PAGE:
If your succulent is sending out aerial roots or air roots then it is trying to tell you that it is in need of something. Typically these roots growing on the side of the succulent stem will be pink or white. Your plant is letting you know that it may be lacking water, sunlight, soil or stability. See the Sedum rubrotinctum to the left and its pink aerial roots. This is quite common for this plant.
Sending out roots is typically the succulent’s way of looking for water, as succulents absorb water through their roots. You will also notice the leaves will not be quite as plump and full as they should be. There may even be dead or dried up leaves at the bottom. Occasionally very humid air may be the cause of the air roots. Humidity can prevent the soil from completely drying out; this can lead to root rot which can be deadly to succulents.
If your succulent is elongated or stretching for the sun in addition to aerial roots like the Crassula Ovata (Jade Plant) then your succulent is in need of additional sunlight. Sometimes when your succulent stretches too quickly it can cause it to bend over or lean towards the soil. Occasionally the weight of even a healthy succulent stem might cause your plant to fall or bend towards the soil. This not only makes the plant look less attractive but it also creates instability for the stem. The succulent may send out air roots in anticipation of reaching the soil and looking for that much needed stability.
I personally would just cut off the stem just below the air roots and propagate the cutting. Be sure to remove any dying or squishy leaves. You want energy directed to the healthy leaves and new growth. Find out more about succulent propagation here.
If your succulent has not been repotted in several years it may be lacking nutrients to help it thrive. It is best to fertilize during your succulent’s growing season which is typically during spring and summer and I try to fertilize them about once a month during this time.
On the Crassula Perfoliata Falcata AKA Propeller palnt above you can see some pink roots sprouting on the side of the stem. It is not harmful to the plant at all, but it is trying to tell me it needs a good drink. Although not harmful, you will need to correct whatever the succulent is lacking to ensure no further damage occurs. Air roots can be removed and it will not harm the plant. It is perfectly fine to leave them on the stem, but be sure to correct the issue that is causing them.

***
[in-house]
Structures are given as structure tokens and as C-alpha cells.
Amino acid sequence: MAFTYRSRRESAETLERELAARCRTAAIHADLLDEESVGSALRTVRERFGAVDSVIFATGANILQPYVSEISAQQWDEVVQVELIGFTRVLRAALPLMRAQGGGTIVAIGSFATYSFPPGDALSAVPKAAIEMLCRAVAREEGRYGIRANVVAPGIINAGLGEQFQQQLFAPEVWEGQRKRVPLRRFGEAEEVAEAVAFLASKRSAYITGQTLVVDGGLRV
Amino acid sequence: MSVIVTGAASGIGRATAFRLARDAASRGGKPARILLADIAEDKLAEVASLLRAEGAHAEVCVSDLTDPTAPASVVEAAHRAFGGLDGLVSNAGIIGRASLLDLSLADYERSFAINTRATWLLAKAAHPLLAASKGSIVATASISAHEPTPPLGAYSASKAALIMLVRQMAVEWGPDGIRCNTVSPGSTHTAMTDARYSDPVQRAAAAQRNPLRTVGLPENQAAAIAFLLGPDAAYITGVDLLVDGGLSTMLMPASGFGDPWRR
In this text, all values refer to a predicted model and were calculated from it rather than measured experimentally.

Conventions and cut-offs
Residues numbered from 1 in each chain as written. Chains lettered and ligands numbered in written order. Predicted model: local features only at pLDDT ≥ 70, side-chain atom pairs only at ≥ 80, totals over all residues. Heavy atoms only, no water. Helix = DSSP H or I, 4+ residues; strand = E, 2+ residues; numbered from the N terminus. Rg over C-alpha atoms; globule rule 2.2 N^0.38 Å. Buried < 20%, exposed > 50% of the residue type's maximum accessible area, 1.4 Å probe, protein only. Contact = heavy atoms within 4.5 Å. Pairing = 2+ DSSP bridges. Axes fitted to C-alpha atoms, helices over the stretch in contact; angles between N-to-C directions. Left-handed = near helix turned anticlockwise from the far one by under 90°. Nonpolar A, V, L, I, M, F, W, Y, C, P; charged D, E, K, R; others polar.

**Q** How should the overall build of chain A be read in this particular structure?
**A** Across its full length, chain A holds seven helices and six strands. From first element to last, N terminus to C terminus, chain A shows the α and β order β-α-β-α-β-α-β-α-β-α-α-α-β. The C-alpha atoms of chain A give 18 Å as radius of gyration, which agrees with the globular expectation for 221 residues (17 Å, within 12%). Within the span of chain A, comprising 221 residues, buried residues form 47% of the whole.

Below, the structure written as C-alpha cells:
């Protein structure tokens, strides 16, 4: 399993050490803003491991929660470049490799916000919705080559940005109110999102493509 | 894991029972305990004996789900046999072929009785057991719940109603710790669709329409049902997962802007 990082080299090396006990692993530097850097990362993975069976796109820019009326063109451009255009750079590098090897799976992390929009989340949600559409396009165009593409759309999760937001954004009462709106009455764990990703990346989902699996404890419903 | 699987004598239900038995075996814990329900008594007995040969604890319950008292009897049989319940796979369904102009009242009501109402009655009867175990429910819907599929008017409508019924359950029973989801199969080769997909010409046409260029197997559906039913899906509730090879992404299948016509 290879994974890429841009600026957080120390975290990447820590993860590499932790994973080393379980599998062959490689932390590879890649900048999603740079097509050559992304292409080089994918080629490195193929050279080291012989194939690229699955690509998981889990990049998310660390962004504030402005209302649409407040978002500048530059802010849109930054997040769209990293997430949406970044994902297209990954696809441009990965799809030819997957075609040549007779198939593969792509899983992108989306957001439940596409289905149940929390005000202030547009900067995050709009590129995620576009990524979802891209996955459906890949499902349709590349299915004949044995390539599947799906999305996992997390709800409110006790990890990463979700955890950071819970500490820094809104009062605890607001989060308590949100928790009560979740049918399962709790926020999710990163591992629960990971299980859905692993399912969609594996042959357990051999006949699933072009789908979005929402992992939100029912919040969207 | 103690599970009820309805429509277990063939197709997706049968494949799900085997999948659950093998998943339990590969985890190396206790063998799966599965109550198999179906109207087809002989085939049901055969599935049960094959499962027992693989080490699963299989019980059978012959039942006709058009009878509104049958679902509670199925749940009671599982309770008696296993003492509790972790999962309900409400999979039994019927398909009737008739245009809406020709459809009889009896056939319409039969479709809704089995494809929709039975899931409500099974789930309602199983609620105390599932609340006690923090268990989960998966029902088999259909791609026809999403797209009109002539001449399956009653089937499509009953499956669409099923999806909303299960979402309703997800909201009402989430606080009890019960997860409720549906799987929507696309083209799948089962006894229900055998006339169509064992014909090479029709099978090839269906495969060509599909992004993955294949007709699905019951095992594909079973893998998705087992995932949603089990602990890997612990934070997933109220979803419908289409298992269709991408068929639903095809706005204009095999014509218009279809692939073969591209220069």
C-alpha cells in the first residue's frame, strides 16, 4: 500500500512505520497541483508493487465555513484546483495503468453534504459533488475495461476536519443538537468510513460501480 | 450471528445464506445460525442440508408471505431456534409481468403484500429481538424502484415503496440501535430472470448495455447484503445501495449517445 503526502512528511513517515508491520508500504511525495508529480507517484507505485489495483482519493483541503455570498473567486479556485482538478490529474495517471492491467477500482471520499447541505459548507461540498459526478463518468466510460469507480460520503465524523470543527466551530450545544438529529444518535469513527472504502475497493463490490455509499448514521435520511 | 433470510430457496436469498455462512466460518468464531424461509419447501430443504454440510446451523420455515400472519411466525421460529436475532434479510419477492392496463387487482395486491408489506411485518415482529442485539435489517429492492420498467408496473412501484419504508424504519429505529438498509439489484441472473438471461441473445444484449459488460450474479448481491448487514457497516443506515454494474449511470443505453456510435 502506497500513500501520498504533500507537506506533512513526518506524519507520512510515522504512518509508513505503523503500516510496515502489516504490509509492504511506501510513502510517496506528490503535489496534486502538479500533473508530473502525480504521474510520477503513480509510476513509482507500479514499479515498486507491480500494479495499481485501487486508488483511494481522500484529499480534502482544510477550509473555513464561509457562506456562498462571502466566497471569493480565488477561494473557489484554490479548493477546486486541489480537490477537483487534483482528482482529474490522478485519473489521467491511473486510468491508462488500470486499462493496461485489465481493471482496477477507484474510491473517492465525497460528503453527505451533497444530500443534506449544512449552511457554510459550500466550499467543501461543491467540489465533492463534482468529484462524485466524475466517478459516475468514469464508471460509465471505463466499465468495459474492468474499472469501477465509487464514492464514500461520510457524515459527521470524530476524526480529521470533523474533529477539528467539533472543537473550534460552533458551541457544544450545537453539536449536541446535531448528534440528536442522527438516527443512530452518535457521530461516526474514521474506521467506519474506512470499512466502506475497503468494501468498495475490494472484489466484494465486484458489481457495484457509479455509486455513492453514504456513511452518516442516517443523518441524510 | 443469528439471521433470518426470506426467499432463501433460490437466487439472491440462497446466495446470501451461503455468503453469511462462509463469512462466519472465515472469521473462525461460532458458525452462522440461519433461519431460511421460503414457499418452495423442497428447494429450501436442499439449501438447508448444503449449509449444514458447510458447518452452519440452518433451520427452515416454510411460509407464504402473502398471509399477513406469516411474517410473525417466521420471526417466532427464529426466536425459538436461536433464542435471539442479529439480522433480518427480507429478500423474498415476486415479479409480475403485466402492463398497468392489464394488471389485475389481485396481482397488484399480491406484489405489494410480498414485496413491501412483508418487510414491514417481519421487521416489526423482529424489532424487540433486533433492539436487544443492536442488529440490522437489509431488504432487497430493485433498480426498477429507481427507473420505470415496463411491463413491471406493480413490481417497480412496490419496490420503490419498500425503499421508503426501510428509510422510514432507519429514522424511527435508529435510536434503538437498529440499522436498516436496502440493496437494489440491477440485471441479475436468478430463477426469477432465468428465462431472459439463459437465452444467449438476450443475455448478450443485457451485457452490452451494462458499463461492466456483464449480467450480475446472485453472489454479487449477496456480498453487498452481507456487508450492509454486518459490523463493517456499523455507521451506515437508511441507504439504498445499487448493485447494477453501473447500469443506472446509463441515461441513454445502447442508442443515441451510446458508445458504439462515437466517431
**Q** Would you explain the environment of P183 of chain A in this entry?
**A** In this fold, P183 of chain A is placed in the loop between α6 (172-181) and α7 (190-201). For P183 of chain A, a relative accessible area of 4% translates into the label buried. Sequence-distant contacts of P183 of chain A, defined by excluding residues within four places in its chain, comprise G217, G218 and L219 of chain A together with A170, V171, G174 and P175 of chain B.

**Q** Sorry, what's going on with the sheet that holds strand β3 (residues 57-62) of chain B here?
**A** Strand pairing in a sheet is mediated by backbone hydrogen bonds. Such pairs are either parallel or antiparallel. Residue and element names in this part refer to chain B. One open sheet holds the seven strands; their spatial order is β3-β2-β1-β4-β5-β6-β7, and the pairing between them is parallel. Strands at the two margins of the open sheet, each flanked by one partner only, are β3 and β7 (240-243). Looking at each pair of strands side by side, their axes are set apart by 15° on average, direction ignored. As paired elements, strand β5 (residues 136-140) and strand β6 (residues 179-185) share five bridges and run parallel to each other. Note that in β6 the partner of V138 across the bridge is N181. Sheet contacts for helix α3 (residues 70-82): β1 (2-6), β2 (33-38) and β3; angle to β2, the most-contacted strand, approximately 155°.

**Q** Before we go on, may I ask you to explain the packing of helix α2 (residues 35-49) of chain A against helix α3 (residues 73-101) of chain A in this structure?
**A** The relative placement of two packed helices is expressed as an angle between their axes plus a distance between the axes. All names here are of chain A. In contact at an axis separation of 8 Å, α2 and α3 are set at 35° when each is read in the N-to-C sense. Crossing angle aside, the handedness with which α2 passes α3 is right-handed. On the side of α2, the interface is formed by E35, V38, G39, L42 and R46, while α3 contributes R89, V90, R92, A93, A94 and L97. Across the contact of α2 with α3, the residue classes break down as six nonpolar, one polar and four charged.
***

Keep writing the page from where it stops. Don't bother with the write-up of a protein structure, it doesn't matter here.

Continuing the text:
If your succulents are getting sufficient water, light, and proper soil, you generally will not see aerial roots. Certain succulents are also prone to sending out air roots more than others. Be sure to keep an eye on your succulents and if you see aerial roots be sure to follow the advice above.
Kalanchoe daigremontiana or commonly known as Mother of thousands is in the Crassulaceae family and is related to jade plant and the Kalanchoe blossfeldiana (aka Flaming Katy or Supermarket Kalanchoe).
Mother of thousands grows little plant babies on the edges of the leaf. It is perfectly normal for the babies to start growing roots. They are preparing to fall and root in the soil. This is common for many succulents in the Kalanchoe family.
Have more questions? Feel free to leave them in the comments below.
Join our email mailing list
Sign up for the MoodyBloomsCo.com blog alerts and once subscribed, I will send you a notification when a new post has been made.
Spread the word!
Support Moody Blooms by using the affiliate links to shop. As an Amazon Associate I earn from qualifying purchases. Additionally, we receive a small commission (at no extra cost to you). Therefore, we can continue to create helpful free content. Thank you, we appreciate it!